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What you have to consider before any Influencer Collaboration

What you have to consider before any Influencer Collaboration

Pick the right influencer for your brand!

People used to be super apprehensive and even defensive of the title ‘influencer’. Those days are long gone as Instagram’s users continue to grow with over a billion active users. There are many famous brands who have grown attention through Instagram and its influencers like Fashion Nova and I.AM.GIA. This is why there are brands putting more than 80% of their marketing budget onto influencer marketing.

However, there are still plenty of brands that are clueless in finding the perfect influencers for their brand. Meanwhile, some may pick the correct influencer but don’t know how to create an effective influencer marketing campaign. This leads to wasted budget and efforts while not being able to reach an ROI.

That’s why we’re here. Read on for some important advice you need before you collaborate with any influencer to ensure a great campaign.

1 / How do I start in finding the right influencer?

There are so many of them that they all seem to mold into one person and it can get hard to know which one is the fit for you. You have to take note that there are differences from topics, follower count, engagement rate, social media channels along with a lot of other things. You can also put it in the industry, their nice and geolocation.

Apart from this, you really have to pick an influencer that is in line with your own company values, marketing goals, budget and KPIs. This will already allow you to make better use of your marketing budget instead of wasting time and money.

A mistake most do is looking only at the vanity metrics. These are the follower counts and likes without considering that these can be bought. These happen with ghost followers which are real accounts but don’t interact with anyone and isn’t active in Instagram aside from their follows. You can just have a quick glance on who are the recent people that follow the influencer and you can see the audience they have.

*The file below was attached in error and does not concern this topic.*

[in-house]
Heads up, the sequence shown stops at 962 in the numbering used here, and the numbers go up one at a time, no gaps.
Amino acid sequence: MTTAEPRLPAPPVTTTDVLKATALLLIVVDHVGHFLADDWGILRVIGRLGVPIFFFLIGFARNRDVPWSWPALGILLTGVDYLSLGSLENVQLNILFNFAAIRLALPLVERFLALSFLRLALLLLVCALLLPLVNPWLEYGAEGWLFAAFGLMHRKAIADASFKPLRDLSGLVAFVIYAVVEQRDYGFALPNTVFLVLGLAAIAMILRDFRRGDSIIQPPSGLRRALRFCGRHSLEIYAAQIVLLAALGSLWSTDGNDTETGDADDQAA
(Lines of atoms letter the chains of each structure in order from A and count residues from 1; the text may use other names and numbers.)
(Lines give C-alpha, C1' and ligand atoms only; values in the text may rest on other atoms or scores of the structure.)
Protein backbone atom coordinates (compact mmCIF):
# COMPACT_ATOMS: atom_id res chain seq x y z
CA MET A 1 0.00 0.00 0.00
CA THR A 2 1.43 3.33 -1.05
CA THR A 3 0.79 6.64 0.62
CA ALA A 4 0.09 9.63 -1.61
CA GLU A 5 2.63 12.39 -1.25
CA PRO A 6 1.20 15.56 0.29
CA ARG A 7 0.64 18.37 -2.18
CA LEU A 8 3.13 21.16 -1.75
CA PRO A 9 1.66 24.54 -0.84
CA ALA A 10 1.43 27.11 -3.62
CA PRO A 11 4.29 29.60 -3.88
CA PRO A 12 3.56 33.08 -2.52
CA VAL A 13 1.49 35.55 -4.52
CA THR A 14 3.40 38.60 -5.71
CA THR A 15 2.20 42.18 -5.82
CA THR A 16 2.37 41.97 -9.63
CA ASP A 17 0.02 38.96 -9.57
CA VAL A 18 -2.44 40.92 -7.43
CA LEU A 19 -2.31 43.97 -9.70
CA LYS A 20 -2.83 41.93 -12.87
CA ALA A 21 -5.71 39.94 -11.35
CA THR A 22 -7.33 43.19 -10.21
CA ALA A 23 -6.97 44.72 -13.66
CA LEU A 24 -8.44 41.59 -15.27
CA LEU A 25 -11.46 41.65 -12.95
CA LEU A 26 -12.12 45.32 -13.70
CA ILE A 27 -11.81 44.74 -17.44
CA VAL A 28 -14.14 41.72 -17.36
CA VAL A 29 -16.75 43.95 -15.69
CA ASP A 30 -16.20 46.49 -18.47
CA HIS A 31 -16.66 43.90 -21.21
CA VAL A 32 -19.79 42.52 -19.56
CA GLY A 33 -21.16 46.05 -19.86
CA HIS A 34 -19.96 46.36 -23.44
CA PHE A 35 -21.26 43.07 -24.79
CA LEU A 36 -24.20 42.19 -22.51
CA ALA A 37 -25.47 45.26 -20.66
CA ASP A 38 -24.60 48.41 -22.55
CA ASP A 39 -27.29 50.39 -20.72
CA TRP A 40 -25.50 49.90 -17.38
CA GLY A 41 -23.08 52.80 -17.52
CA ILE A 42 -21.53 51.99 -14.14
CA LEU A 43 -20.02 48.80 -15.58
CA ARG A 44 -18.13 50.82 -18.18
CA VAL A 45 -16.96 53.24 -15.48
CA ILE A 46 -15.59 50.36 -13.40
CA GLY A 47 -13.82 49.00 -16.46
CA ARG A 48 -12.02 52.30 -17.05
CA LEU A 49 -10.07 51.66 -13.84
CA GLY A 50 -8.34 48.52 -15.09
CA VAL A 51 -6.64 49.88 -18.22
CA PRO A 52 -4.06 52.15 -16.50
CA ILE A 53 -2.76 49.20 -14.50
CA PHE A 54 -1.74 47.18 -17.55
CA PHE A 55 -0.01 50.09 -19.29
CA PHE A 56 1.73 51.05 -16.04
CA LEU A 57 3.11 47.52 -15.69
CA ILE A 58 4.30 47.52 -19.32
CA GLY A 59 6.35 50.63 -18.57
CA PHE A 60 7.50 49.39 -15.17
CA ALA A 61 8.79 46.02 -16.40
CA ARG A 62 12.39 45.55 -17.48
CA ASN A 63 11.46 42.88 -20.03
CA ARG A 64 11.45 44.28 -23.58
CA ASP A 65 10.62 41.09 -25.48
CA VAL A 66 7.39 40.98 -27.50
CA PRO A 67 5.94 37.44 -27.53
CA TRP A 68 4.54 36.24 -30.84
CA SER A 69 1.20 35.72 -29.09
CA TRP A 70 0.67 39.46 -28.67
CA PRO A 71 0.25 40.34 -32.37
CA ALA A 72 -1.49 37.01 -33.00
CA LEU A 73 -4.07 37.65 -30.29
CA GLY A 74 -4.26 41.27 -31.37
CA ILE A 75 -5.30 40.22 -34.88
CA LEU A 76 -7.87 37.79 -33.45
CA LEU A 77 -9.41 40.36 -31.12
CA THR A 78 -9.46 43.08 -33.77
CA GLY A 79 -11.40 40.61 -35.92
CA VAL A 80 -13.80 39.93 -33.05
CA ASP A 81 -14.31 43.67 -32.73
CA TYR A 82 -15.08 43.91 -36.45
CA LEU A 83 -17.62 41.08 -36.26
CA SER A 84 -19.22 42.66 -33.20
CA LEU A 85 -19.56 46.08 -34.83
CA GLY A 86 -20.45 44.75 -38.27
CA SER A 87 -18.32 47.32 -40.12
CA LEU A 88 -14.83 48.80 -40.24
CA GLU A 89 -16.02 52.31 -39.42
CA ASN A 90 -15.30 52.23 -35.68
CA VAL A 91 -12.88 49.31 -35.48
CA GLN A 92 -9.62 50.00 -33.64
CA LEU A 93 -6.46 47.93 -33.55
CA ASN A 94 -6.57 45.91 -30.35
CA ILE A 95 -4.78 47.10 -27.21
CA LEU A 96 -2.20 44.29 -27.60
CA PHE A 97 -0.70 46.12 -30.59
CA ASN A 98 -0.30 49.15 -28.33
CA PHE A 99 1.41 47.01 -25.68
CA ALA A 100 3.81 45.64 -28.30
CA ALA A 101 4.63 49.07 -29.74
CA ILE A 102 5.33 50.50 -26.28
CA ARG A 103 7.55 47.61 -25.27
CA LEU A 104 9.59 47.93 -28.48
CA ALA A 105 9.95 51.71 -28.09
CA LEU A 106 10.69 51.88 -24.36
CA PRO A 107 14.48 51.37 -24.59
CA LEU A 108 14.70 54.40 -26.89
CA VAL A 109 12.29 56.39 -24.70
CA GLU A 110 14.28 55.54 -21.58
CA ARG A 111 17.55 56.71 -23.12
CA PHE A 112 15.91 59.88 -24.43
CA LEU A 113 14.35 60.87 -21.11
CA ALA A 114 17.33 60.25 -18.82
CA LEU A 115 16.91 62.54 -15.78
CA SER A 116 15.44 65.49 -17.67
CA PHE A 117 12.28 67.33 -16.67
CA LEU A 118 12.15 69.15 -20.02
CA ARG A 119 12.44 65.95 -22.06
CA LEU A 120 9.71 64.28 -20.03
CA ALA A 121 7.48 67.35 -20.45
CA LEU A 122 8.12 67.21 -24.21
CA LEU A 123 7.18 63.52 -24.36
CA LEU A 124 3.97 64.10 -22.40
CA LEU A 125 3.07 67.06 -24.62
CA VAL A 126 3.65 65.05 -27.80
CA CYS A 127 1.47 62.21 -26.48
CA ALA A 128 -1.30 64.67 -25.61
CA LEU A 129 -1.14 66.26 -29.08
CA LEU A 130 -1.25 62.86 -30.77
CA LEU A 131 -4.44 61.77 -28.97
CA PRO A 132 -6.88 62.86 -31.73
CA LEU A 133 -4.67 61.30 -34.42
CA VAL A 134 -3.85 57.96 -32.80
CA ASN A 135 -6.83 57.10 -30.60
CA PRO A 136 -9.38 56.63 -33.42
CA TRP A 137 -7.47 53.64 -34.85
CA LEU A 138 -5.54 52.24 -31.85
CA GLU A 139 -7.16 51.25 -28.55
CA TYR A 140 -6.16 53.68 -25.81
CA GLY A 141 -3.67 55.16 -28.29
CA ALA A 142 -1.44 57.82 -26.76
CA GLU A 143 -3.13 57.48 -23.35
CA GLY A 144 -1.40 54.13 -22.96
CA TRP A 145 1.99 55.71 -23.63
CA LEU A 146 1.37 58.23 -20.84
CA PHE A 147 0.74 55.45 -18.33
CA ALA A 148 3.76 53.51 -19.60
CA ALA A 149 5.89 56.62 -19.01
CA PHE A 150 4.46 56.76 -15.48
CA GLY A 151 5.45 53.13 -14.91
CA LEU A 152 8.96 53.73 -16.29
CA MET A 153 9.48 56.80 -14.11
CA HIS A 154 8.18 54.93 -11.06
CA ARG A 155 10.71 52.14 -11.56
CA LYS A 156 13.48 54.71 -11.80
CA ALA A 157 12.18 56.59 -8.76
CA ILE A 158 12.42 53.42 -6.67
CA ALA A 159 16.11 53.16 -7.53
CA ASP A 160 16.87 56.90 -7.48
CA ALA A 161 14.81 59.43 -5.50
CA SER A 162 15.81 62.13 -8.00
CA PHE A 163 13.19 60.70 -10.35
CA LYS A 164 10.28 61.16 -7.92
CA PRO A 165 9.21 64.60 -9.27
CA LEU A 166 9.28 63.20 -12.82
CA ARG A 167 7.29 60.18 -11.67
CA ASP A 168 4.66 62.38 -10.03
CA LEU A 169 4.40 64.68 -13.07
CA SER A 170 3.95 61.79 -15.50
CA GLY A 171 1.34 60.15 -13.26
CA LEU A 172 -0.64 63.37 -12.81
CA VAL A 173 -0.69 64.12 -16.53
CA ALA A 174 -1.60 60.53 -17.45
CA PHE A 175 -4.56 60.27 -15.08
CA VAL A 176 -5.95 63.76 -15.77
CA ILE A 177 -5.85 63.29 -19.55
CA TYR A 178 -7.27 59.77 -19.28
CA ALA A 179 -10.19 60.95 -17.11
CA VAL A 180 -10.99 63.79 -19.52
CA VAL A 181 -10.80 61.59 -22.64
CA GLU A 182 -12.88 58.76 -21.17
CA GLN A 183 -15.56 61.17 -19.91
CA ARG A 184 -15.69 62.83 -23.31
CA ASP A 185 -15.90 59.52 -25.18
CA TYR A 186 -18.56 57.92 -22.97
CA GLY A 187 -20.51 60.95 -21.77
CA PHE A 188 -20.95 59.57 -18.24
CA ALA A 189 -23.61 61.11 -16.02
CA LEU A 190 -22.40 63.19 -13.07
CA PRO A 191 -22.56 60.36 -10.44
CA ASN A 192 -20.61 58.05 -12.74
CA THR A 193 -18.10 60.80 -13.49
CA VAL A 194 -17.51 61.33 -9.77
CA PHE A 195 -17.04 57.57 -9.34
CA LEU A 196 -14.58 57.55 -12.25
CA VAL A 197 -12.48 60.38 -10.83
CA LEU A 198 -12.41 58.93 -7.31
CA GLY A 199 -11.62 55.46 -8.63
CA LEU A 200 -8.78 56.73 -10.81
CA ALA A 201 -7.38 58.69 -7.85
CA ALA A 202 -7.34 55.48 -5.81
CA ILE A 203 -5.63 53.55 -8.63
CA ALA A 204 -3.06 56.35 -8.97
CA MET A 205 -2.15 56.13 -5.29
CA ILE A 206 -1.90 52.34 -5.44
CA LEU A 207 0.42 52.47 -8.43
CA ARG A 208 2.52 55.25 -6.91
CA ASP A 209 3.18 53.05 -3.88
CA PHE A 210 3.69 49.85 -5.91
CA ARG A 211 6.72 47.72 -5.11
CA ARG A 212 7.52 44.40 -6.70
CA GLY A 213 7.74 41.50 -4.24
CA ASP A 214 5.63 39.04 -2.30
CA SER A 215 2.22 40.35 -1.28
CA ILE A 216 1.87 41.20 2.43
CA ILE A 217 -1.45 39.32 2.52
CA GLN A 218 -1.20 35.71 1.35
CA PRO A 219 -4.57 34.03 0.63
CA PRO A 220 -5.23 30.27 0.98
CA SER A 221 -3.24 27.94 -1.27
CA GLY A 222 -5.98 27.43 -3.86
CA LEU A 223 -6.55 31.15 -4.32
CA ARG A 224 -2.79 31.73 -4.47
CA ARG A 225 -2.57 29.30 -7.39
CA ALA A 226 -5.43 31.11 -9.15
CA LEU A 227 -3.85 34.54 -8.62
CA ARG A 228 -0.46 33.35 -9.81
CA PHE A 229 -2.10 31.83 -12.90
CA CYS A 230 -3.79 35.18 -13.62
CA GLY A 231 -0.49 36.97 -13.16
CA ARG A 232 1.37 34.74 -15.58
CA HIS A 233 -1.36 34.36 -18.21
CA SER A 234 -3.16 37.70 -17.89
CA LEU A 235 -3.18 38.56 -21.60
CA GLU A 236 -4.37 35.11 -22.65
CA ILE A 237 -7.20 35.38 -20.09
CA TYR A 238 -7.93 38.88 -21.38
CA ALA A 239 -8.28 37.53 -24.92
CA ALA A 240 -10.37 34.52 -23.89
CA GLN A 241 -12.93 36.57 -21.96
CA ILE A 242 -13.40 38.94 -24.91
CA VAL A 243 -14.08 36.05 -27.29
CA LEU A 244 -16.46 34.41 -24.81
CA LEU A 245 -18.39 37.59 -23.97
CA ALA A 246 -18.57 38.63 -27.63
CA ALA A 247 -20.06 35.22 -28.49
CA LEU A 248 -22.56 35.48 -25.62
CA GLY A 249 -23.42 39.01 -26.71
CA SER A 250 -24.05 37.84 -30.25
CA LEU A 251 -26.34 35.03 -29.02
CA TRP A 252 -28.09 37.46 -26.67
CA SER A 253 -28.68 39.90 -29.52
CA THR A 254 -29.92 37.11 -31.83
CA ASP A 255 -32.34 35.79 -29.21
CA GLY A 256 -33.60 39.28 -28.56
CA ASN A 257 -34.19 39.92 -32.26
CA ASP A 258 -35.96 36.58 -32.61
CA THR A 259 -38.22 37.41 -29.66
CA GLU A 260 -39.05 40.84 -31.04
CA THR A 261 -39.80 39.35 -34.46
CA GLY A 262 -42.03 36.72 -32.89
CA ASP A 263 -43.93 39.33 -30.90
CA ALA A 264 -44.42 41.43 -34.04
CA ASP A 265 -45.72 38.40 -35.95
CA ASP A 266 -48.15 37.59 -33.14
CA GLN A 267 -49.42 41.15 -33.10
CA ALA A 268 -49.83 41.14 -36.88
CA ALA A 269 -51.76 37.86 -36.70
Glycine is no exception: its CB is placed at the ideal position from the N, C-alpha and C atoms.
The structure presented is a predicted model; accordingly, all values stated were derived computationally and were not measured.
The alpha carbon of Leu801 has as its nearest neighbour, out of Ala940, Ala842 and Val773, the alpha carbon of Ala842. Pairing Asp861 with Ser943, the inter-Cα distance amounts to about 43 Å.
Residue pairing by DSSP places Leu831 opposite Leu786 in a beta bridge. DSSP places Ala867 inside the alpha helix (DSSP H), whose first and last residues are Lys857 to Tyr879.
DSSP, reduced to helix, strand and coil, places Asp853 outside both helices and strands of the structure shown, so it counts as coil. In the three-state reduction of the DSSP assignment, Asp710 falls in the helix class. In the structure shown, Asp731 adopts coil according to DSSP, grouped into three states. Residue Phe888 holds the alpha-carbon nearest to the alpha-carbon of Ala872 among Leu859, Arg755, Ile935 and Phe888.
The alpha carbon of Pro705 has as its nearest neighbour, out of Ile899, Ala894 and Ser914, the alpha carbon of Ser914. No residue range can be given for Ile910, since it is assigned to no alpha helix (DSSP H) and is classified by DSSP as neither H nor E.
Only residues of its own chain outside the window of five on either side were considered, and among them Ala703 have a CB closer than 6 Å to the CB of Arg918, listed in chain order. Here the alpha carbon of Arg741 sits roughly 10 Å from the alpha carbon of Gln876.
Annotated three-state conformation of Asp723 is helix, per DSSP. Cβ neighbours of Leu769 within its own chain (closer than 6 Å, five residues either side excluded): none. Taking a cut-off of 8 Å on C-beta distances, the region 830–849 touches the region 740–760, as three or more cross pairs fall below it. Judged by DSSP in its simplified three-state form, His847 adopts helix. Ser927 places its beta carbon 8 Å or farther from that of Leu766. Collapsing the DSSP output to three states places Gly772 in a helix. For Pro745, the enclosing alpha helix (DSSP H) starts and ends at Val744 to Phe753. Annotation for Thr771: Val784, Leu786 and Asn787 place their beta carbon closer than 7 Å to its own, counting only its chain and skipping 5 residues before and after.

You can also go into their likes and comments wherein you can see if they’re real or come from bots. Another thing you can do is look into the comments to see how follower react to sponsored content. You will be able to see whether they’re accepting of it and see what kind of products they are responsive to.

The good thing is that there’s a way to do all these analysis with a single click. You can use HypeAuditor wherein they will do the analyzing of fake likes and followers for you. You can get their rank globally, locally and in their category. You can also see which engagement is authentic and their overall audience quality score.

Don’t forget to run and audit of this influencer every month because it can change and there may be times they skip purchasing likes but choose to do it again the coming month so it’s better to be wary.

2 / How do you analyze Influencers in YouTube?

In the past years, there have been major changes in YouTube from their algorithm to their related videos and automatic demonetization. This has caused a lot of uproar for many Youtubers. This is because it has led to a decrease of organic engagement for many channels. If you’ve noticed, there may be channels with millions of subscribers but only have a hundred thousand views or so. Youtubers with just a million subscribers may not even reach 100k views in their video.

A good example is the channel below. Once computed, they are getting 13k views average per video which is only 6% out of their total subscriber count.

At the same time, there are channels who obtain more views compared to their subscribers like the one below:

This is why it’s essential when looking for a Youtube marketing campaign to look past the subscriber count. Their views, likes and comment quality is important to note. With comments, it’s important to see variation in them and that they are specifically related the video and don’t seem bot/spammy.

You can also watch their previews videos to see their style, way of speaking, length of videos and their video formats. An important one to watch is a sponsored one to see how they promoted it and how their audience reacted to it.

YouTubers can go so far to change styles to convince their authenticity in coming sponsored videos which is important to notice to see if they are still in line with your own brand.

3 / Are your influencer candidates in line with your brand?